Fight or Flight – My entire life I’ve leaned heavily on the fight side. Always Be Prepared. Get ready for battle. There’s a certain level of confidence that comes with knowing I’m at least ready. I might not win, but I’m prepared to put up a fight. Lately, I’ve been wondering if living life ready for battle is the best way to live? Always thinking about life in a win or lose mentality puts you at odds with those around you. They become teammates or opponents vs. friends and neighbors. Putting people into those boxes can make it hard to forgive when I’ve been wronged. It makes it hard to offer grace to the person sitting on the other side of my team.
I keep hearing the same words over and over again – Forgiveness, Grace, Stand Down, and my answer is always the same.
“But sometimes they don’t deserve my grace.”
God’s convicting response?
“You don’t deserve mine.”
Ouch. It’s true. Even on the best of days,
My mentality isn’t just reserved for those in opposition but also those on the “same team.” When dealing with a particularly rough parenting spell with my son, I found myself fighting so hard to get him to understand that his actions were not those of the kind of boy we have raised him to be. That he is called to be. I found myself using words that were defining him as anything but forgiven – “Good kids don’t say those things.” “This proves to me exactly who you are.”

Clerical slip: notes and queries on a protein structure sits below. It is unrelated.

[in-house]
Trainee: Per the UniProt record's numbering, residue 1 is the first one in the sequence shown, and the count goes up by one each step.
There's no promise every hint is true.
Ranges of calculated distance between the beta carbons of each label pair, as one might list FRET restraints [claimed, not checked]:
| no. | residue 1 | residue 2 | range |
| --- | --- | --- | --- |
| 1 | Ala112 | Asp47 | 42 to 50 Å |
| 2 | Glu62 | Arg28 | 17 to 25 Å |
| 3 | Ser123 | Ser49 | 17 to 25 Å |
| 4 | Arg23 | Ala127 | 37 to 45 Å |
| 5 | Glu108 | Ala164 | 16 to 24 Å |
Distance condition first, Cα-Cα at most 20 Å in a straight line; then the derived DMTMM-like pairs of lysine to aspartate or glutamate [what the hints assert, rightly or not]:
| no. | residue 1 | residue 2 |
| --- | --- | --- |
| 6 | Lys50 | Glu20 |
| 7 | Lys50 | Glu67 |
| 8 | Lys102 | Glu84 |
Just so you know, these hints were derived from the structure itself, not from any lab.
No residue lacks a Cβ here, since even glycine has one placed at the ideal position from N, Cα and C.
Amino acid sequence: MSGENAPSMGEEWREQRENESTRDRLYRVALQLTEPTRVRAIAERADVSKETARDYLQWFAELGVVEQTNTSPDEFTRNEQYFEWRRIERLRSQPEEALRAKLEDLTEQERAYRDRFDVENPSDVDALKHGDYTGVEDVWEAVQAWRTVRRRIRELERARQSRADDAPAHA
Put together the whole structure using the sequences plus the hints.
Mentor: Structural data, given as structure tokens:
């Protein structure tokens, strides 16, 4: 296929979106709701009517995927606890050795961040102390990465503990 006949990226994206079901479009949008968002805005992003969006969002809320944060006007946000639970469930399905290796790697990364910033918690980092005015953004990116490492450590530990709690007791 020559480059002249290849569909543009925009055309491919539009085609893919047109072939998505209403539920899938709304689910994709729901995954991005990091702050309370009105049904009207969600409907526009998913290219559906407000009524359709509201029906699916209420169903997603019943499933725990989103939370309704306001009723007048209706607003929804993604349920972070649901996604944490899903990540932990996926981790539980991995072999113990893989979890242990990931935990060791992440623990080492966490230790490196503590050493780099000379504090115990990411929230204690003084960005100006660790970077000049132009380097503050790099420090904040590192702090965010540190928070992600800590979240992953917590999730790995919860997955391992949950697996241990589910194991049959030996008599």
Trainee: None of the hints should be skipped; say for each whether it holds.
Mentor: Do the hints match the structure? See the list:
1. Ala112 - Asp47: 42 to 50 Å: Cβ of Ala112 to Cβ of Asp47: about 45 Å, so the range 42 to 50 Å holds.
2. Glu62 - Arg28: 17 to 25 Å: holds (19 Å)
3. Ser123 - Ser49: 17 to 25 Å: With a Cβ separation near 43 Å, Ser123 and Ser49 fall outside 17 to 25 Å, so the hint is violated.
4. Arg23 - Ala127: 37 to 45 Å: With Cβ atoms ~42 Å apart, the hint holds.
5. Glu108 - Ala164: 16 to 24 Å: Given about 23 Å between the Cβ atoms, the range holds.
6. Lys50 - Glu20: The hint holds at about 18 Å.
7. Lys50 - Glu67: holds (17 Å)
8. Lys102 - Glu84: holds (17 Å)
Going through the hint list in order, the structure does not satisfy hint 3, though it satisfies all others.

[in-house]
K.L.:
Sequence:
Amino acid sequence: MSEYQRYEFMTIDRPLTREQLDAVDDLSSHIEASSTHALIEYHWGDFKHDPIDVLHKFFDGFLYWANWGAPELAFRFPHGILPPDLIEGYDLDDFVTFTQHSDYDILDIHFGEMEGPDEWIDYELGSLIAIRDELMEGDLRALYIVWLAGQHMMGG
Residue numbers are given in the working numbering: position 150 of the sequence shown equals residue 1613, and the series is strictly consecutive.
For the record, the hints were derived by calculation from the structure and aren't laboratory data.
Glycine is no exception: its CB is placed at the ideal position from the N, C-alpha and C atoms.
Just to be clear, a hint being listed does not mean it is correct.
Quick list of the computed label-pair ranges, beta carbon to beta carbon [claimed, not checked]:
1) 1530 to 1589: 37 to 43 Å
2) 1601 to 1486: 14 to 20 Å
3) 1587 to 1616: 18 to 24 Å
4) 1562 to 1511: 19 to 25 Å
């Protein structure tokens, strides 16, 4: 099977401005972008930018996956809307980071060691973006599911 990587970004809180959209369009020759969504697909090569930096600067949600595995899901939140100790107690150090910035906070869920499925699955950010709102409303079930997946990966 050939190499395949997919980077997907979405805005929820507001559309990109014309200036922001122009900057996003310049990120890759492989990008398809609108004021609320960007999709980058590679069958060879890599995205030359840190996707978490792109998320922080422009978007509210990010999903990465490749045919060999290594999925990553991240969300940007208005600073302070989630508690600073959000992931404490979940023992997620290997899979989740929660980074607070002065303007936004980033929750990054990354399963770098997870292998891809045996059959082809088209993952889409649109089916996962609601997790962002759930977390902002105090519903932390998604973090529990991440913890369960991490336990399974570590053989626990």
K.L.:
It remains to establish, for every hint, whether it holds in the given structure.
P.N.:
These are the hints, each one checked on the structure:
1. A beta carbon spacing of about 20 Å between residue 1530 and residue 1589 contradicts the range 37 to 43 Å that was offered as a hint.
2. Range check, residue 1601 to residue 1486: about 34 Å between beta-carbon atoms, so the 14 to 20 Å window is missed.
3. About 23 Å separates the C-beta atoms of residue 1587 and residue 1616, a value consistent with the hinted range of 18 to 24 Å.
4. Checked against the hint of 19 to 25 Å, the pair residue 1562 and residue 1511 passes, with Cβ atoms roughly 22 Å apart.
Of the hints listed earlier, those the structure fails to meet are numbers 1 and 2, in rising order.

I was defining him based on an hour of mistakes and not a lifetime of choices – good and bad. A lifetime that is still short and full of learning. I was going to battle, not with an “enemy” but my own son, and my biggest weapon were words that offered no forgiveness for mistakes. No understanding that he will fall short just like all of us do. I was offering him no grace. Parenting can provide the most humbling of experiences and the lessons can hurt the most. The reality of what I was doing hit me hard and fast, and it changed the way I approached what sometimes does feel like a battle with my own children. My reactions and words should mirror those of God. They should be filled with grace, understanding, and sometimes reprimands that can be harsh but are always fair. If God approached my missteps the way I was approaching my son’s, I would have thrown my hands up in the air a long time ago asking what’s the point. I can’t possibly live up.
Recently, that same boy was watching Ryan and I argue over something that in the grand scheme of things was pointless. Neither of us wanted to give. We were both choosing the side of fight. My son pulled me into the front room where we have a family board that includes the saying, “ You’re Right, I’m Wrong, I Love You, I’m Sorry” and he told me in a very mature way for a ten year old to look at that saying surrounded by our family photos. His exact words were, “Look at that wall and those pictures and just say your sorry.” I had not modeled forgiveness for him, but in a grace-filled parenting moment, God showed me that even though I didn’t get it right, He didn’t just forgive me, but He stepped in and made sure my son knew the art of grace.
We are supposed to give when others don’t deserve. We must forgive the unforgivable. We must offer grace in the same way that it has been offered to us – with no expectations. It’s really the only way to live into the life that God has called us to live. Sometimes that means taking off our boxing gloves. Sometimes it means gracefully walking away whether we are right or wrong even if the fight in us is screaming otherwise.